Ruud van Empel, African American Art, KOLUMN Magazine, KOLUMN

Ruud van Empel’s “Fantasy Portraits” At Beetles+Huxley Faces too symmetrical, clothes perfectly ironed, trees with not a leaf out of place, there’s something unsettling about Dutch photographer Ruud van Empel’s work. It sits uncomfortably on the line between reality and fantasy; leaving the viewer full of questions. Who are these children? Where are they? Why is their gaze so blank?

The answer lies in Van Empel’s technique, one he has spent decades developing and perfecting. Photography is a medium used most often to document the outside world, with the artist seeking moments and finding beauty in that which already exists. Van Empel however, begins with an idea and then seeks out subjects that fit his imagination. But the scenes he imagines don’t really exist so he must construct them, picking little bits of reality and rearranging them to suit his fancy.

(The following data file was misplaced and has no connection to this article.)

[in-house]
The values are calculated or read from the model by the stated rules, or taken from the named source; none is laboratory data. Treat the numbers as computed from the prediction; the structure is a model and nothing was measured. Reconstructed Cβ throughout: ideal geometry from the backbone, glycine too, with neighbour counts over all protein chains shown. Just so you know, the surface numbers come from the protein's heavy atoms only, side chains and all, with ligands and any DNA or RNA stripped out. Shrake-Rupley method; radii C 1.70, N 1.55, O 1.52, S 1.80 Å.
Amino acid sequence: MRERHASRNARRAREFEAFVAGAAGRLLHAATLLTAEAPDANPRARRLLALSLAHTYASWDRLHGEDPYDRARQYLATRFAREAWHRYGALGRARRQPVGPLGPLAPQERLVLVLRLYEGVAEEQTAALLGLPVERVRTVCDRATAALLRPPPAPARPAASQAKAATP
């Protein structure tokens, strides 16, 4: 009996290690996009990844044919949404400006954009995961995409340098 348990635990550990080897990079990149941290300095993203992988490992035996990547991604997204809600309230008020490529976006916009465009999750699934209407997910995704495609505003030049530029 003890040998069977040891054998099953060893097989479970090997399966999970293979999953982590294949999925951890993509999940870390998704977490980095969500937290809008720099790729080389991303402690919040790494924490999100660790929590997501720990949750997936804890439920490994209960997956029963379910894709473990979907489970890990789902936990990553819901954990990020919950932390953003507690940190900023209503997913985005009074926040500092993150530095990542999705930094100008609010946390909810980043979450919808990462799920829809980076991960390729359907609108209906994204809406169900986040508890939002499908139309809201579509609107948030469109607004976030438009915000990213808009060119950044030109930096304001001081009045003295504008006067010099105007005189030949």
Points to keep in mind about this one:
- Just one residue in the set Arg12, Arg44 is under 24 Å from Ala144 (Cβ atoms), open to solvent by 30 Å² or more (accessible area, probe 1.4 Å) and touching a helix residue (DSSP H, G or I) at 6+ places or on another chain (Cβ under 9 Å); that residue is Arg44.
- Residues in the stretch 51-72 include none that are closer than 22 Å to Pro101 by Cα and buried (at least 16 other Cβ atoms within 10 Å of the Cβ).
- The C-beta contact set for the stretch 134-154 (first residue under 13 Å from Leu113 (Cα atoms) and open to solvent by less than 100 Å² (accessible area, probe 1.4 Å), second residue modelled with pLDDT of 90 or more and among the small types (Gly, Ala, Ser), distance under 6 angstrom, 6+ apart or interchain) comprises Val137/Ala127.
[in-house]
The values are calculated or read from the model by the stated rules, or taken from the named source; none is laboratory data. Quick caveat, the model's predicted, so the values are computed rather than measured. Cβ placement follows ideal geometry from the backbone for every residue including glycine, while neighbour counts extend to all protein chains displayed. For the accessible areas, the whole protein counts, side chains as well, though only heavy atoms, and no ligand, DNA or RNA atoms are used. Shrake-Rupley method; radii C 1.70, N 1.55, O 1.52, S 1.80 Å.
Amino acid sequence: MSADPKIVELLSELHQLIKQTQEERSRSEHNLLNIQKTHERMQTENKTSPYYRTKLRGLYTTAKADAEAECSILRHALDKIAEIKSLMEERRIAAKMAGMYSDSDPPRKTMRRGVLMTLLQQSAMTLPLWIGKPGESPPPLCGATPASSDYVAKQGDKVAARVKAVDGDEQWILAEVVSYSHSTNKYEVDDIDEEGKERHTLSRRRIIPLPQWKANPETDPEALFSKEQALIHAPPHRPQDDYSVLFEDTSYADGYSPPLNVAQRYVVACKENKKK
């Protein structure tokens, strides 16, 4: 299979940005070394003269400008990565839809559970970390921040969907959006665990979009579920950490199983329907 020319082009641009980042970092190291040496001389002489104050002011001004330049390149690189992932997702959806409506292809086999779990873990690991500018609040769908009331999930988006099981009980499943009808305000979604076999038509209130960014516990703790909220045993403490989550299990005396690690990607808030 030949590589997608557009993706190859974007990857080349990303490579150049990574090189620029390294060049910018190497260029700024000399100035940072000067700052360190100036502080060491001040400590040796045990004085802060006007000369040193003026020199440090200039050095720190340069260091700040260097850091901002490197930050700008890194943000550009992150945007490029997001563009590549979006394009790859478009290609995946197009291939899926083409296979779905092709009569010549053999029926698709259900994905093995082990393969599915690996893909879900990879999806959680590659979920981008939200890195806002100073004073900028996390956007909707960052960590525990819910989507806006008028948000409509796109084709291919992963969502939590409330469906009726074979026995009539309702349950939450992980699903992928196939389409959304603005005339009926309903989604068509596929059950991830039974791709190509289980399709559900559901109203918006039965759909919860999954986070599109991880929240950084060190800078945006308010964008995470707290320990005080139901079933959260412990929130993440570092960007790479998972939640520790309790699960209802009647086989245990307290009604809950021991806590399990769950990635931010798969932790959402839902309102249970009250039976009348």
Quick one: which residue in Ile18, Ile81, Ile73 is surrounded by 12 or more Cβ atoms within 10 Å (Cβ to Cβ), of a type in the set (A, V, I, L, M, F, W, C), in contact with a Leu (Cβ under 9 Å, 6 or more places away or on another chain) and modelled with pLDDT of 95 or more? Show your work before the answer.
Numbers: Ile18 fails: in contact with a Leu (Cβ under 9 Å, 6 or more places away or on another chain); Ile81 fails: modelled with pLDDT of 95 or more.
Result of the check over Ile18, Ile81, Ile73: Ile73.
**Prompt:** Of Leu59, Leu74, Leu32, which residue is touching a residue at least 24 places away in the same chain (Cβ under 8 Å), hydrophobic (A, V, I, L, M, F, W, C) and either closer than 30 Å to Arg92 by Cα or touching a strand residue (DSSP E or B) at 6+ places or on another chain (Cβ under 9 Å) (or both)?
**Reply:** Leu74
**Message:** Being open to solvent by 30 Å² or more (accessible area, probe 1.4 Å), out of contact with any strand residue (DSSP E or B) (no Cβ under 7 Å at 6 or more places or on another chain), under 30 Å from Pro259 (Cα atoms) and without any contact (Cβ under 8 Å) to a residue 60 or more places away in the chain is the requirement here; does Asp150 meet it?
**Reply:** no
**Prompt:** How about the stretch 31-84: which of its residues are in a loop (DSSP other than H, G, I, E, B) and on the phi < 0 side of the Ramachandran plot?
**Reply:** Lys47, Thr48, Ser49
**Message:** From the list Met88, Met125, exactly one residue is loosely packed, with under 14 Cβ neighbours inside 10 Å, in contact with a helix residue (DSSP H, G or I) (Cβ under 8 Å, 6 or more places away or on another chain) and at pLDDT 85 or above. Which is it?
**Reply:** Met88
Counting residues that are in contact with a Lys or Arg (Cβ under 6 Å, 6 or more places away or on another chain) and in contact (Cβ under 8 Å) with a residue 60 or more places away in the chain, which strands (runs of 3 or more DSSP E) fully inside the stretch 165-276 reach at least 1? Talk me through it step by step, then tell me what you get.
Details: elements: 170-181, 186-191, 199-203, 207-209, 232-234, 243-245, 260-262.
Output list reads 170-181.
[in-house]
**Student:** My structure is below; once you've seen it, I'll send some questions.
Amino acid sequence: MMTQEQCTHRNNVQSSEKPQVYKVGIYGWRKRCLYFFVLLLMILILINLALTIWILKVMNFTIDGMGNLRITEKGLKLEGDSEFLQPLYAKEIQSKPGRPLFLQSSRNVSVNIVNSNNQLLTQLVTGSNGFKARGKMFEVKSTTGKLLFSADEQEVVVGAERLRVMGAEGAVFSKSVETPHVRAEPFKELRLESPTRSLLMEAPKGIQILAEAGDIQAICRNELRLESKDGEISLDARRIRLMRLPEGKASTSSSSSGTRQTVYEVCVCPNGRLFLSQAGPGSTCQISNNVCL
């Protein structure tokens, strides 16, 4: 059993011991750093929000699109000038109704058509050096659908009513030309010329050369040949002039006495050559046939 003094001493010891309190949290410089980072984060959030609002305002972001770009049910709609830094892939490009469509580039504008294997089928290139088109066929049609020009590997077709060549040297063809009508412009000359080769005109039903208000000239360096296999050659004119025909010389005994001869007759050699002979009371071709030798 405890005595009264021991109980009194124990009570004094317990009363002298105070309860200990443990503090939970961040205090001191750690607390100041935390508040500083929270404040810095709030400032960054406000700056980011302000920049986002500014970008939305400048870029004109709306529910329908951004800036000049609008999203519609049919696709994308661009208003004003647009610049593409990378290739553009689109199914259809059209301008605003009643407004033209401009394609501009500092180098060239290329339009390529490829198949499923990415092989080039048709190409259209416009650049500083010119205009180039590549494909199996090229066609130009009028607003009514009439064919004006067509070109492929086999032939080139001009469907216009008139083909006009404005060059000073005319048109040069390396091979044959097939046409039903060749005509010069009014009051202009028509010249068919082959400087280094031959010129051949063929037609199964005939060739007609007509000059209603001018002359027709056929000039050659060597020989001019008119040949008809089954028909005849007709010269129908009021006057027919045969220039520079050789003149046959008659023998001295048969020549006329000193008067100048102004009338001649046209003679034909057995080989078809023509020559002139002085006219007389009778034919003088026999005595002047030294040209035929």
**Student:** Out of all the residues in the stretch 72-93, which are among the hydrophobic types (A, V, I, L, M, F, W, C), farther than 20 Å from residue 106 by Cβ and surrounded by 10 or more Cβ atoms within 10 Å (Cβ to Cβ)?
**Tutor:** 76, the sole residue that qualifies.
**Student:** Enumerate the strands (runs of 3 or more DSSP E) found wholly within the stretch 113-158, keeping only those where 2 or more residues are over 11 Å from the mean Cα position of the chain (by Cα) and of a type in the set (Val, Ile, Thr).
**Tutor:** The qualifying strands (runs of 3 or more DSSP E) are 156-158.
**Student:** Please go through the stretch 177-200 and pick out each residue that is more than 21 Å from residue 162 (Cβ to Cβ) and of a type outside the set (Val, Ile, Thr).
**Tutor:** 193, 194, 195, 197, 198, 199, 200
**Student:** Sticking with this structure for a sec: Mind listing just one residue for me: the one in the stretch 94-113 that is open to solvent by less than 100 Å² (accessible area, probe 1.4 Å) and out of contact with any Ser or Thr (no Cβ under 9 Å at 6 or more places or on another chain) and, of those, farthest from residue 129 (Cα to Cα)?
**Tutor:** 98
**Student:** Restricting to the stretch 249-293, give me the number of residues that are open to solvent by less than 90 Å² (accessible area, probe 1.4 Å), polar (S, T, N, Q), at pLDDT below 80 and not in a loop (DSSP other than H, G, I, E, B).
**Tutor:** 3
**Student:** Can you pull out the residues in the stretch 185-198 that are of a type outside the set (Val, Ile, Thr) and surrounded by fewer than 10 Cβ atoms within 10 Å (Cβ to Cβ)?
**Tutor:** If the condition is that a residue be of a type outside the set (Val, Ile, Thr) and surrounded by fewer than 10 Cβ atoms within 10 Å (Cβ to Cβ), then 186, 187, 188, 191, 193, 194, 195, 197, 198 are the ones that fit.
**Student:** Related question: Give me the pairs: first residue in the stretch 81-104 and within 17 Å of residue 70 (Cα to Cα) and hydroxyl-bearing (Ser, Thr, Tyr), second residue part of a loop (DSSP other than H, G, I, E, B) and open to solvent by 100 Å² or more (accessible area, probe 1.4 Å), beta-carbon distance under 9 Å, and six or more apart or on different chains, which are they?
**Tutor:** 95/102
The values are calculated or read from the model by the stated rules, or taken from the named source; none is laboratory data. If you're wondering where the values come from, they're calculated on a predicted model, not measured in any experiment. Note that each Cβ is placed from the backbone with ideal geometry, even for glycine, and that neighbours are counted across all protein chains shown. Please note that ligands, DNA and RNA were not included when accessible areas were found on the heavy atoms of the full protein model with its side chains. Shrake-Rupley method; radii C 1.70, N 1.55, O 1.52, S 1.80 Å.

Ruud van Empel, African American Art, KOLUMN Magazine, KOLUMNMood #11 | © Ruud van Empel

Ruud van Empel, African American Art, KOLUMN Magazine, KOLUMNMoon #7 | © Ruud van Empel

Ruud van Empel, African American Art, KOLUMN Magazine, KOLUMNMood #4 | © Ruud van Empel

Ruud van Empel, African American Art, KOLUMN Magazine, KOLUMNSunday #2 | © Ruud van Empel


Beetles+Huxley is a leading art gallery founded in London in 2010 by Chris Beetles and Giles Huxley-Parlour. The gallery’s vibrant exhibition programme focuses on artists working with photography who have played a significant role in the history of art, and those who continue to shape the field in the present day.

Based in Mayfair, Beetles+Huxley represents many influential photographers and has presented exhibitions by artists as diverse as Cecil Beaton, Bruce Davidson, Edward Weston, Joel Meyerowitz, Sebastião Salgado, Steve McCurry, Henri Cartier-Bresson, Wang Qingsong, Berenice Abbott, Bill Brandt, Vivian Maier and Ruud van Empel. Beetles+Huxley also trades significantly on the secondary market, maintaining a diverse range of stock by photographic masters from Edward Steichen to Irving Penn. (Wikipedia)